[Rob In Stereo] Decade In Review


A car crash killed four members of The Exploding Hearts in 2003—the music tragedy of the year.

It was a decade of regression in pop music. If you were to chart the quality pop albums that came out each year of the aughts, you would have a steady downward slope from 2000 through today; that being said, there were some truly classic bands, songs and albums to emerge out of the decade. Here are the best of them:

Best Album: "Voodoo," D'Angelo – This came out in January 2000, but it remains unsurpassed. No album before or after managed to bridge new and old soul as successfully as "Voodoo." This is a slow and drawn-out album (clocking in at nearly 80 minutes), yet at no point does it feel that way. It remains the high point of the neo-soul movement.

Best Song: "Hey Ya!," Outkast – This category isn't even a contest in my eyes. No song this decade transcended race, gender and age more than this one. Sure, it inevitably was played into the ground, but this was a song that could be played at a wedding and have the teenagers and their parents not only dancing, but knowing every word.

Artist of the Decade: Kanye West – One of the few artists to release four quality albums with a different sound on each. He went from straight-ahead soul samples with "The College Dropout" to a more refined pop sound on "Late Registration," to electronic with "Graduation," to minimalism with "808s and Heartbreak." No producer did more to expand pop music's sound while so consistently hitting the top of the charts.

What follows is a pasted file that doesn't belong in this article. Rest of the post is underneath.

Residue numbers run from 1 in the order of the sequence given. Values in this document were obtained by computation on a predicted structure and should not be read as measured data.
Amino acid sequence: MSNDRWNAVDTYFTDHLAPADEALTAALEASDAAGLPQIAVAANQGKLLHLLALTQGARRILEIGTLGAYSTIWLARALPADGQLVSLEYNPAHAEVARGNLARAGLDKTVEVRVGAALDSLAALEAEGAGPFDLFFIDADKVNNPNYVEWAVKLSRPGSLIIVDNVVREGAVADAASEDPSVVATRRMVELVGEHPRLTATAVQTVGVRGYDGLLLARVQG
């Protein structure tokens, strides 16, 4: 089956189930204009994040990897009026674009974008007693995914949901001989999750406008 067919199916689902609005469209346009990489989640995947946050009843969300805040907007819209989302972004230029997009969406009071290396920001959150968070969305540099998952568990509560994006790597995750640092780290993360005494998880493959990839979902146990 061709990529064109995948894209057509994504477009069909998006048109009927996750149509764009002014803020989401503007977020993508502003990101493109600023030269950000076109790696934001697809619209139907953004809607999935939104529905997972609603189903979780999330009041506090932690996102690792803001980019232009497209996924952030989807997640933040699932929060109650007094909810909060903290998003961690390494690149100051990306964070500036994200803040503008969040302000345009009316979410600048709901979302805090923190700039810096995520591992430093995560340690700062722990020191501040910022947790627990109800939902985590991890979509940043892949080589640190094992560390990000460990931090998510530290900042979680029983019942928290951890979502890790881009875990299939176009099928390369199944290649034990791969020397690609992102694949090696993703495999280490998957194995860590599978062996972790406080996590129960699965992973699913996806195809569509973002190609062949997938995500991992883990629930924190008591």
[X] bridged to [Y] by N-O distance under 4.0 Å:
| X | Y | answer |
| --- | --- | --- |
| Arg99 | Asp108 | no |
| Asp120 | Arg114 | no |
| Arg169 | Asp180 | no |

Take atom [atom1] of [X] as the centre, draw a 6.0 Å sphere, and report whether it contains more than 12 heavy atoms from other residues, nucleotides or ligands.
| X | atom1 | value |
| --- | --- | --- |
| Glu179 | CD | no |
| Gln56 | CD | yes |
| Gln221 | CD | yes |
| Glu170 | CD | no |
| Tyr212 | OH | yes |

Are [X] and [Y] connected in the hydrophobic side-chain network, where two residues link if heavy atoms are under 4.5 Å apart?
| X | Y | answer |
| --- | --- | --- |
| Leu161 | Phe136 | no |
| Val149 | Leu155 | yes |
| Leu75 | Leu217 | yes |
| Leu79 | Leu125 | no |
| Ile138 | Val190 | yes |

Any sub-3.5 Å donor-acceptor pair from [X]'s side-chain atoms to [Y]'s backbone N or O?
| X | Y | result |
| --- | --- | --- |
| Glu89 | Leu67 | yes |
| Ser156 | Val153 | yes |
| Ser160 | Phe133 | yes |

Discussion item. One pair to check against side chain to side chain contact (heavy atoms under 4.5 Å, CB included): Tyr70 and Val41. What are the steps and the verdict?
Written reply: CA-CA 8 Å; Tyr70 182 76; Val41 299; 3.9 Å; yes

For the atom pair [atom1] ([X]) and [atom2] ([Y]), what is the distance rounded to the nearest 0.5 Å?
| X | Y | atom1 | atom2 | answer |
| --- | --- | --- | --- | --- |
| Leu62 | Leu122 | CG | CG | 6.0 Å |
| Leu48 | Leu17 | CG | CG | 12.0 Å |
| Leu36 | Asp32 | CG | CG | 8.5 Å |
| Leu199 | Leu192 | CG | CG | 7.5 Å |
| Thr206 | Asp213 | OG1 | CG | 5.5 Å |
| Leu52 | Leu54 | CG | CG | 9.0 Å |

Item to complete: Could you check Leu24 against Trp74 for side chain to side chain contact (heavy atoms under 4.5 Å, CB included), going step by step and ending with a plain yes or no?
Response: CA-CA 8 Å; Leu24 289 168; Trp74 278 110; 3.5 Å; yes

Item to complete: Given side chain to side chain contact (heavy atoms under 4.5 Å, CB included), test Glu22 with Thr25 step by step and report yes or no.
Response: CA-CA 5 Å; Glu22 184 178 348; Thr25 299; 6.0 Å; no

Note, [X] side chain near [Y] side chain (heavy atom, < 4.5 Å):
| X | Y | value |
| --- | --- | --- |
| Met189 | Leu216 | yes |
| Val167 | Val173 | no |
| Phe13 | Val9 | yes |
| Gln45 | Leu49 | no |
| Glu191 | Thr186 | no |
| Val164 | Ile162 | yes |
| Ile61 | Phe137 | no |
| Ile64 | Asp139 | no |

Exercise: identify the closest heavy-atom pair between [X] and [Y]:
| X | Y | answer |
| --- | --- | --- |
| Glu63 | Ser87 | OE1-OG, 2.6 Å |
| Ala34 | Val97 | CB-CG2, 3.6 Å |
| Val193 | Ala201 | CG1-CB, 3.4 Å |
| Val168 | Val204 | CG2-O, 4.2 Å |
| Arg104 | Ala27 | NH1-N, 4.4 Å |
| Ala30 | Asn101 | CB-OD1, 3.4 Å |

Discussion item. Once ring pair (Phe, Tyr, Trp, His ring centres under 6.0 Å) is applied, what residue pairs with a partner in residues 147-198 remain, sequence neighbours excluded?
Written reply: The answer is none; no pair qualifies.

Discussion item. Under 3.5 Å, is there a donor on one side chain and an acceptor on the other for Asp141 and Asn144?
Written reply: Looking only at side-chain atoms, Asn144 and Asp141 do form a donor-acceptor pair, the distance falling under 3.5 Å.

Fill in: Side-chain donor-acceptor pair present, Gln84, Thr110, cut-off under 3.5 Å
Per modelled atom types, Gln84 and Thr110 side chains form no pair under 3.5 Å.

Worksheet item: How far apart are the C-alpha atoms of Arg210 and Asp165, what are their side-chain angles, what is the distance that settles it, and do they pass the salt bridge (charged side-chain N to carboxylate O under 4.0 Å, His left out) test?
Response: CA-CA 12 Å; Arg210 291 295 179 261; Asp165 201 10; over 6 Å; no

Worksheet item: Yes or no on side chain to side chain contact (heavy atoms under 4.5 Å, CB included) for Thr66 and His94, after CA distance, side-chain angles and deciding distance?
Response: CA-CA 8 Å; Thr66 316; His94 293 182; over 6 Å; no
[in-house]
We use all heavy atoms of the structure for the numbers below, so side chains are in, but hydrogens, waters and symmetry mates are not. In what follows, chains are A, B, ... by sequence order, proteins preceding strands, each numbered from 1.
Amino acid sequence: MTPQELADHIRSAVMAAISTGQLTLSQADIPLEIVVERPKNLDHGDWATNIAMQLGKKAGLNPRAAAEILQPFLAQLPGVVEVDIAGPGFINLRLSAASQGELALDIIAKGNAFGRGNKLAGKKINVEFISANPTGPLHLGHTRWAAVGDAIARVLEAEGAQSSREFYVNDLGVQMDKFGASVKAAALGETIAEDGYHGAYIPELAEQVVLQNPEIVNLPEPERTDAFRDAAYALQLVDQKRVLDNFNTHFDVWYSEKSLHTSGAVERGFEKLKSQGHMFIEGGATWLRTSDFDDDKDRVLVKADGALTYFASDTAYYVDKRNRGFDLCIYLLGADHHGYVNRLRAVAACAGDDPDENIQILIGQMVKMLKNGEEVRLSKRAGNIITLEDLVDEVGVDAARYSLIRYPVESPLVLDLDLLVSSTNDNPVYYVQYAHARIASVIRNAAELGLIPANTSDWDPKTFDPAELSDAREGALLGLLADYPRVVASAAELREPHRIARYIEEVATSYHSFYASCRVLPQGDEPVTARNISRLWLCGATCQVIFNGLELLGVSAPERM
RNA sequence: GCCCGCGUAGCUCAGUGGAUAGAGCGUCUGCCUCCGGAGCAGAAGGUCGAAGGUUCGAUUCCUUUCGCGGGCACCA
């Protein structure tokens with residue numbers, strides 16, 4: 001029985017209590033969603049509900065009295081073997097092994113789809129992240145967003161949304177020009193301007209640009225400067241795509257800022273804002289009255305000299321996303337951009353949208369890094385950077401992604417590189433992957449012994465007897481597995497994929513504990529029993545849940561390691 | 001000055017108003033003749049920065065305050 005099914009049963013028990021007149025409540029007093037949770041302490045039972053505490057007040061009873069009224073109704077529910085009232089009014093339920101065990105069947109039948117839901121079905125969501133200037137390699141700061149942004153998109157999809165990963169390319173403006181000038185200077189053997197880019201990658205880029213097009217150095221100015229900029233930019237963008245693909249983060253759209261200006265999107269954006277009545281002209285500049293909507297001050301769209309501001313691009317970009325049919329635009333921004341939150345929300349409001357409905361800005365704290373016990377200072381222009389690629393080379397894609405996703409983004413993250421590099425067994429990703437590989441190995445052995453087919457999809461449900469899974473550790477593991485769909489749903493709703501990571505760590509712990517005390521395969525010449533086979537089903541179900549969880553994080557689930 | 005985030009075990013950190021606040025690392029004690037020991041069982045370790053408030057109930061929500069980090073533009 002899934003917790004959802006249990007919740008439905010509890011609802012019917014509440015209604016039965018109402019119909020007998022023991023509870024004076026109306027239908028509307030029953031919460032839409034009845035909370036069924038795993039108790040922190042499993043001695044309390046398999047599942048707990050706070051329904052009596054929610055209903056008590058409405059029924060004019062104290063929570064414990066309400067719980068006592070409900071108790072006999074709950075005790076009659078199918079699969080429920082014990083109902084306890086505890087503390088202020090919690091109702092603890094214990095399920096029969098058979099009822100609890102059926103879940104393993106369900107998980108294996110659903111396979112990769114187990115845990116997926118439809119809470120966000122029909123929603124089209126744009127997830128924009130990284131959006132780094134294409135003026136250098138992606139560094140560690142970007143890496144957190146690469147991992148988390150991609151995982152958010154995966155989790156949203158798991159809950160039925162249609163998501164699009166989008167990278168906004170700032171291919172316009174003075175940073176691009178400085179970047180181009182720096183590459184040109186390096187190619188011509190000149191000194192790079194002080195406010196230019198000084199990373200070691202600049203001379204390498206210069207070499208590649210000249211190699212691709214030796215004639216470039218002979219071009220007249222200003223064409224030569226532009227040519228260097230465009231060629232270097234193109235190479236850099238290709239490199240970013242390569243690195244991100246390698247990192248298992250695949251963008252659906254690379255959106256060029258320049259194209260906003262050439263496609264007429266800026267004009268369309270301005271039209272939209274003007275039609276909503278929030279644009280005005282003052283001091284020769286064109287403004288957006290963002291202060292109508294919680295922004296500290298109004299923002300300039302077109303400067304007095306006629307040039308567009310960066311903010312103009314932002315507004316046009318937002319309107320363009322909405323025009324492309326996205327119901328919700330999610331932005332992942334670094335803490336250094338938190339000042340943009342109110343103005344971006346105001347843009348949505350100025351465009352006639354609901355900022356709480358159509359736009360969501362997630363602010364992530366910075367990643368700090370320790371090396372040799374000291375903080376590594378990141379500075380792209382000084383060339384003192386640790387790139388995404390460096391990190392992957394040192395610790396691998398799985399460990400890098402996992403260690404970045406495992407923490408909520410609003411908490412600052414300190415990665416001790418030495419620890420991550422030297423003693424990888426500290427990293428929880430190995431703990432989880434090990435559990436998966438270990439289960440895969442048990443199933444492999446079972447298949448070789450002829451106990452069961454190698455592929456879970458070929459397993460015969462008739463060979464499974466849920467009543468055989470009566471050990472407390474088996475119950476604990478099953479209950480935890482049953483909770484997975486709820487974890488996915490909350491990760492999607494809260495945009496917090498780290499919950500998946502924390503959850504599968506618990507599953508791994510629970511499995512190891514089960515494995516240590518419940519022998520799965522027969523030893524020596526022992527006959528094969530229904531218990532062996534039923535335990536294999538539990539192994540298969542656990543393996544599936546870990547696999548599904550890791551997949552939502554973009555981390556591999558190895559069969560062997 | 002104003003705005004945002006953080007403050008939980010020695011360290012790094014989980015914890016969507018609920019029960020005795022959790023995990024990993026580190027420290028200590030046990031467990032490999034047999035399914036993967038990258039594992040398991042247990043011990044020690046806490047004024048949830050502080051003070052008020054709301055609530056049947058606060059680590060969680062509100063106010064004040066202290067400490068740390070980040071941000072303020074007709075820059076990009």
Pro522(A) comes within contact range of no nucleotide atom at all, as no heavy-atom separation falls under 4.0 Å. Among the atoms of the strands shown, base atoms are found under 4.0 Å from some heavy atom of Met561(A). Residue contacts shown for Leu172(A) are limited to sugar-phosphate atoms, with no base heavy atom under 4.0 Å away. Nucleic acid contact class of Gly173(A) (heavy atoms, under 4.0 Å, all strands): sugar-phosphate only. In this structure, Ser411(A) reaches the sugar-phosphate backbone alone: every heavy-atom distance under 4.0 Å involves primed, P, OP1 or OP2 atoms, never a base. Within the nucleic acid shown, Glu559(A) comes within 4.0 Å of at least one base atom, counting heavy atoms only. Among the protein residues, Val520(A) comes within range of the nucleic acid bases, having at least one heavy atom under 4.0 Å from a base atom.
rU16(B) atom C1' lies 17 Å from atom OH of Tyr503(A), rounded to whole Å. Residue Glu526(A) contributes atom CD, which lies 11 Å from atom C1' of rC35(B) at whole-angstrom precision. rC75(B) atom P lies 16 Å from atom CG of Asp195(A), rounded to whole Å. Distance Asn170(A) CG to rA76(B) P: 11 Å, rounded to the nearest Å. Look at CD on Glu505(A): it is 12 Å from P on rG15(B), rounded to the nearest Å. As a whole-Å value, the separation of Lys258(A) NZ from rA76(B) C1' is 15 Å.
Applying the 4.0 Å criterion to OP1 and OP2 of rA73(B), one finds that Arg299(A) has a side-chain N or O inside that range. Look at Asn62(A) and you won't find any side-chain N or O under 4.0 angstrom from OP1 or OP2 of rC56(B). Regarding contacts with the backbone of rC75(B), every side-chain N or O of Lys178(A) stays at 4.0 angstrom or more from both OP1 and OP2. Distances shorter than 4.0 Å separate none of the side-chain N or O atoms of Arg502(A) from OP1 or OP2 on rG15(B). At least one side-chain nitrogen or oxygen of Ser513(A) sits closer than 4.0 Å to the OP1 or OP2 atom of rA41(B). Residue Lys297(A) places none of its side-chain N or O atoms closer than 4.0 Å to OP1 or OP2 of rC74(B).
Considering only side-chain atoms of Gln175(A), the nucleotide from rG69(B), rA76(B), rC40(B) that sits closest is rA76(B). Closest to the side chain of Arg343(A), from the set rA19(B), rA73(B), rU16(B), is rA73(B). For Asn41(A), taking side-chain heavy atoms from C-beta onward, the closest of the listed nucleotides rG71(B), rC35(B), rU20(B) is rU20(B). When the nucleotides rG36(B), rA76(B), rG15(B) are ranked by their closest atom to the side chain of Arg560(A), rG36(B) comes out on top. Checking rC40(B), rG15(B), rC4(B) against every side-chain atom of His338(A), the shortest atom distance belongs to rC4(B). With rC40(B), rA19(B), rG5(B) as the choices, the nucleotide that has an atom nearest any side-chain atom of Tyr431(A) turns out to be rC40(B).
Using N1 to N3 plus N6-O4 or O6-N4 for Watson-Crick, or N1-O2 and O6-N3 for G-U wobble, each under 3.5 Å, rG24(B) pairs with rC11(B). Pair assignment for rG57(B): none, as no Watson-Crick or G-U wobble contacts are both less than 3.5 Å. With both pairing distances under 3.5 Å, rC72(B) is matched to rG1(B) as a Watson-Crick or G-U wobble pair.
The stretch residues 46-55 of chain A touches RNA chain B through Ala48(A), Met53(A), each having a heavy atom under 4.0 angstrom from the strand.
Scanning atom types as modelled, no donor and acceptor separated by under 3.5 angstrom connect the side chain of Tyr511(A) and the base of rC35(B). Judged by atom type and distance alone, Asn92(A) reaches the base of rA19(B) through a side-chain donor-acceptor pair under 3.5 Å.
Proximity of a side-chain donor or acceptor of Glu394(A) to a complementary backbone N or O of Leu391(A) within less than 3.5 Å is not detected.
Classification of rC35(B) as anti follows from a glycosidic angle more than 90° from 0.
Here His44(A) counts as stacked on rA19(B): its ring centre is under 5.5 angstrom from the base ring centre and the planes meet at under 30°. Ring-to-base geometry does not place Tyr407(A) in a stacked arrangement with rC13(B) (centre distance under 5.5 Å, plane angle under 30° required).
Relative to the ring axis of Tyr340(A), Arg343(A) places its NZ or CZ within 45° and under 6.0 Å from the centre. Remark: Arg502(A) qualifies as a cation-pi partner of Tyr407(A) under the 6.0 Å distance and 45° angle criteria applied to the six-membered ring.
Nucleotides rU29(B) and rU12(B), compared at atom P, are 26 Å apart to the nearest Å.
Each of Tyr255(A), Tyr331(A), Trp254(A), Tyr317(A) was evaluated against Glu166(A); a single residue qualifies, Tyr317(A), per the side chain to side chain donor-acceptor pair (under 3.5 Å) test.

Band of the Decade: The White Stripes – The White Stripes is the lone band to emerge from the garage revival with artistic integrity unscathed. This may be because the band evolved, elevating above the various gimmicks that sold it on the commercial breakthrough, "White Blood Cells." The band released four excellent albums in the decade and provided us with one of the few guitar icons of the decade in Jack White.

Most Disappointing Band: The Strokes – In retrospect, we were kind of unfair to The Strokes after its debut, "Is This It?" Count me among the many music fans who proclaimed The Strokes the band that was going to save rock 'n' roll because it knew how to emulate The Who and The Kinks. Its two subsequent releases showed limited creative progress and exposed The Strokes as more of a band that caught lightning in a bottle than one of any serious artistic consequence.

Biggest Tragedy: The Exploding Hearts – The Exploding Hearts was a Portland, Ore., band coming off the release of a debut album, "Guitar Romantic," when its van flipped, killing three of the four members in 2003. This is such a tragedy because "Guitar Romantic" was the best rock album of the decade. This was a band that had every ounce of the attitude The Strokes possessed, yet it also had a songwriting depth, both musically and lyrically, that The Strokes and its minions lacked.


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